Welcome once again to the British Genre Fiction Focus, Tor.com’s regular round-up of book news from the United Kingdom’s thriving speculative fiction industry.
Regular, he writes, mindful of the fact that the column was AWOL last week, over the Independence Day break in the States. Apologies if your Wednesday just wasn’t the same without it!
In this edition, we get right back on track with news of a bunch of forthcoming British books, including a slush pile success story; a thoroughly revised version of Mark Charan Newton’s debut; a short follow-up of sorts to A Town Called Pandemonium; plus an uprising of Angry Robots.
Back at the ranch, it’s buy one get one free week in the return of Cover Art Corner, which considers new novels by Simon Ings and Gwenda Bond.
Back to Pandemonium
Hot on the heels of revealing The Book of the Dead in a special edition of the British Genre Fiction Focus, Jurassic London have announced another pair of projects. The first we’ll see is Pandemonium: Ash, which apparently marks “an explosive return to the world of Pandemonium.”
A Town Called Pandemonium introduced readers to a mysterious town in the American West. 1853 shared glimpses of the rest of the world, in that same fateful year.
Ash, coming in November, continues exploring the world of Pandemonium, thirty years later. In 1883, the great volcano Krakatoa exploded and shook the Earth. The stories in this chapbook wonder what happened in the days that followed—days of darkness, shadow and, of course… ash.
Pandemonium: Ash includes six original stories:
- “Delft” by Richard de Nooy
- “I Dreamt I Held Her Hand” by Nerine Dorman
- “Wilderness of Duidain” by Dan Green
- “The Raft” by Charlie Human
- “Under the Sign of the Cockatrice” by Timothy J. Jarvis
- “Waves” by Lavie Tidhar
A fair few unfamiliar names there, eh? I’m ashamed to say I only recognise Lavie Tidhar and Charlie Human, whose debut I’ll be reviewing for Tor.com shortly. But if I had to place my trust in any small press to introduce me to an assortment of awesome new authors, I’d plump for Jurassic London.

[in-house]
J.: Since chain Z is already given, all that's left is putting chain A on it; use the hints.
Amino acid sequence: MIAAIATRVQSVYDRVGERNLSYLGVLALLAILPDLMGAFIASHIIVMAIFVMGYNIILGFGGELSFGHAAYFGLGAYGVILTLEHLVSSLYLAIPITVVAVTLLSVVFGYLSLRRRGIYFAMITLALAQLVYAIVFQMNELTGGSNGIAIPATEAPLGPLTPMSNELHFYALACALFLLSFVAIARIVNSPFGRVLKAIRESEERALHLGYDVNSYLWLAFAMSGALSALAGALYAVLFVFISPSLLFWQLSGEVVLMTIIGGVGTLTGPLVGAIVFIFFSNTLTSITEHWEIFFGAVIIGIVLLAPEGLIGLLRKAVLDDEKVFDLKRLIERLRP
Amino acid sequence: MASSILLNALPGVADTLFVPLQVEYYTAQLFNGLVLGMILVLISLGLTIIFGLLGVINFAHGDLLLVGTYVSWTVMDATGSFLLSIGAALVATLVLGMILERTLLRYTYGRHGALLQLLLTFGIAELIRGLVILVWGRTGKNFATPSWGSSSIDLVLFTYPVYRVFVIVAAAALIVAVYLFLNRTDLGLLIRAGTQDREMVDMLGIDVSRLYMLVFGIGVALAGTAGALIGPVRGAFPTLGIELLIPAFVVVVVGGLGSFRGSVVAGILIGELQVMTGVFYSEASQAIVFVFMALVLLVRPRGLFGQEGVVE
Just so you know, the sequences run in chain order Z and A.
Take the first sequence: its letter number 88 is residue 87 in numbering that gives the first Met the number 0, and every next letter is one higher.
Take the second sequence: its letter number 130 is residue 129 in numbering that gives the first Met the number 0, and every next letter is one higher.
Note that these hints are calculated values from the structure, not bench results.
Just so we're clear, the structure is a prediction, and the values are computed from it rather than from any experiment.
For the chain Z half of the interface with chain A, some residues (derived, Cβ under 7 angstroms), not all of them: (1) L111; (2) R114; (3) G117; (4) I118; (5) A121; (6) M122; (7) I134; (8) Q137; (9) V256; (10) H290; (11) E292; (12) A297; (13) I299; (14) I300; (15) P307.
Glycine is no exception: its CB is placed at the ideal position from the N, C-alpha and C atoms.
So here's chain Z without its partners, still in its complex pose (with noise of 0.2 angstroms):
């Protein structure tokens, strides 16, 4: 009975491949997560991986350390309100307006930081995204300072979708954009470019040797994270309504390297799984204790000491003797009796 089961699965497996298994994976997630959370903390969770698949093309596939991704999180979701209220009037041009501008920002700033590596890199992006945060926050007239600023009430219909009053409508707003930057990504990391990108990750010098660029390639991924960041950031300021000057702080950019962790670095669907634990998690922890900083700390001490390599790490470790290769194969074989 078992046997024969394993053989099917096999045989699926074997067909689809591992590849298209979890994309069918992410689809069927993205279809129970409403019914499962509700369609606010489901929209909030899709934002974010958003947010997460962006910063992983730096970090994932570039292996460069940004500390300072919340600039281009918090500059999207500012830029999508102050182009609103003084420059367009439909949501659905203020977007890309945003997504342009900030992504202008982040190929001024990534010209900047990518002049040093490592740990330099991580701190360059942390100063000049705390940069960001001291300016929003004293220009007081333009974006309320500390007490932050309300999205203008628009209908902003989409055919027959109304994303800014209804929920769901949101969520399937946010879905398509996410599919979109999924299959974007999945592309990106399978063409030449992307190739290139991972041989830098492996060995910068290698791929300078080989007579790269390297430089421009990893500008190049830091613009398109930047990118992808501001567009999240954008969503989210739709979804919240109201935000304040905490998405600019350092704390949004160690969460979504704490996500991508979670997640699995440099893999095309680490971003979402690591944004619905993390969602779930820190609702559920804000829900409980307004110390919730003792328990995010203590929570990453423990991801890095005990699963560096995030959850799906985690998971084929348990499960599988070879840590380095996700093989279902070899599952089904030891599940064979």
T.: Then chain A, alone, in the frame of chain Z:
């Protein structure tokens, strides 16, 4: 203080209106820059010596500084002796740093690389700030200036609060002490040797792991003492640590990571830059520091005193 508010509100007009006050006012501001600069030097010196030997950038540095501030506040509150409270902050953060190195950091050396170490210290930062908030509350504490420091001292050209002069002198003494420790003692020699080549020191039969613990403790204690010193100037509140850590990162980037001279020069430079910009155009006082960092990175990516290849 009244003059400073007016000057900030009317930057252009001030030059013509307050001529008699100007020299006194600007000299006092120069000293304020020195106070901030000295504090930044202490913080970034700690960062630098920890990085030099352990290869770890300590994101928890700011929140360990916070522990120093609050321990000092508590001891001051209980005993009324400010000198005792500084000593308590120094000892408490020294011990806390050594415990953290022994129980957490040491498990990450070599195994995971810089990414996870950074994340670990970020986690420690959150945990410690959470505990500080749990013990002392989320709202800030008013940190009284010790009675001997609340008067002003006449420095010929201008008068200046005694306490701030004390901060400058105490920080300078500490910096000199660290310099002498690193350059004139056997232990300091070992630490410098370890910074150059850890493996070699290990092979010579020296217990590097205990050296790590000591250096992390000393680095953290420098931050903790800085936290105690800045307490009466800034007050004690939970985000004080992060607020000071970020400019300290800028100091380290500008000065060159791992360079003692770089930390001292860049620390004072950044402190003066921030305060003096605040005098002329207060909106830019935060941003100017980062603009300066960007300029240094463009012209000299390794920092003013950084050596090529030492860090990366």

I’m excited, in any event, to get back to the weird and wonderful world the not-for-profit publisher explored over the course of its first few projects.
Pandemonium: Ash will be published this November as a digital chapbook. Then, next Summer, we can look forward to a luxury limited edition of Mark Charan Newton’s exceedingly rare debut.
A Return to The Reef
First published in 2008 by Pendragon Press, The Reef is a tale of Weird pulp adventure, packed with mad science, swashbuckling heroes and monsters on an epic scale. Clever, exciting and ambitious, The Reef is the oft-overlooked debut novel of one of fantasy fiction’s most intriguing contemporary writers.
Fans of Mr. Newton’s Legends of the Red Sun or his new Drakenfeld series will recognise his ability both to blur genre boundaries and to infuse a story with a social and environmental conscience.
To give the book the unique feel that it deserves, the art for the new edition will be provided by Philippa Rice (St Colin and the Dragon, Recylost, My Cardboard Life). Her work has been praised by Cory Doctorow, Paul Gravett and many others.
“I’m very excited about what is a marvellously bonkers project,” says Mr. Newton. “The artwork is going to be weird and delightful in a truly different way. And this is also a great opportunity for me to revisit and rework the text as a much more experienced writer.”
As Newton asserts in the announcement, he’s essentially rewritten The Reef from top to bottom in order to “iron out problems and bring the prose up-to-date with the learnings of a more established novelist.” Having read The Reef, I’d agree that it isn’t in its original form representative of the author’s especial strengths, so I’m looking forward to seeing what changes Mark has made.
I’ll have to secure my copy as soon as possible, because there aren’t going to be many to go around. Not in print, that is: Jurassic London will only publish 75 signed and number hardcover copies, with all the proceeds to be donated to Marine Conservation UK. If you’re interested, in other words, be ready to buy it the moment pre-orders are released.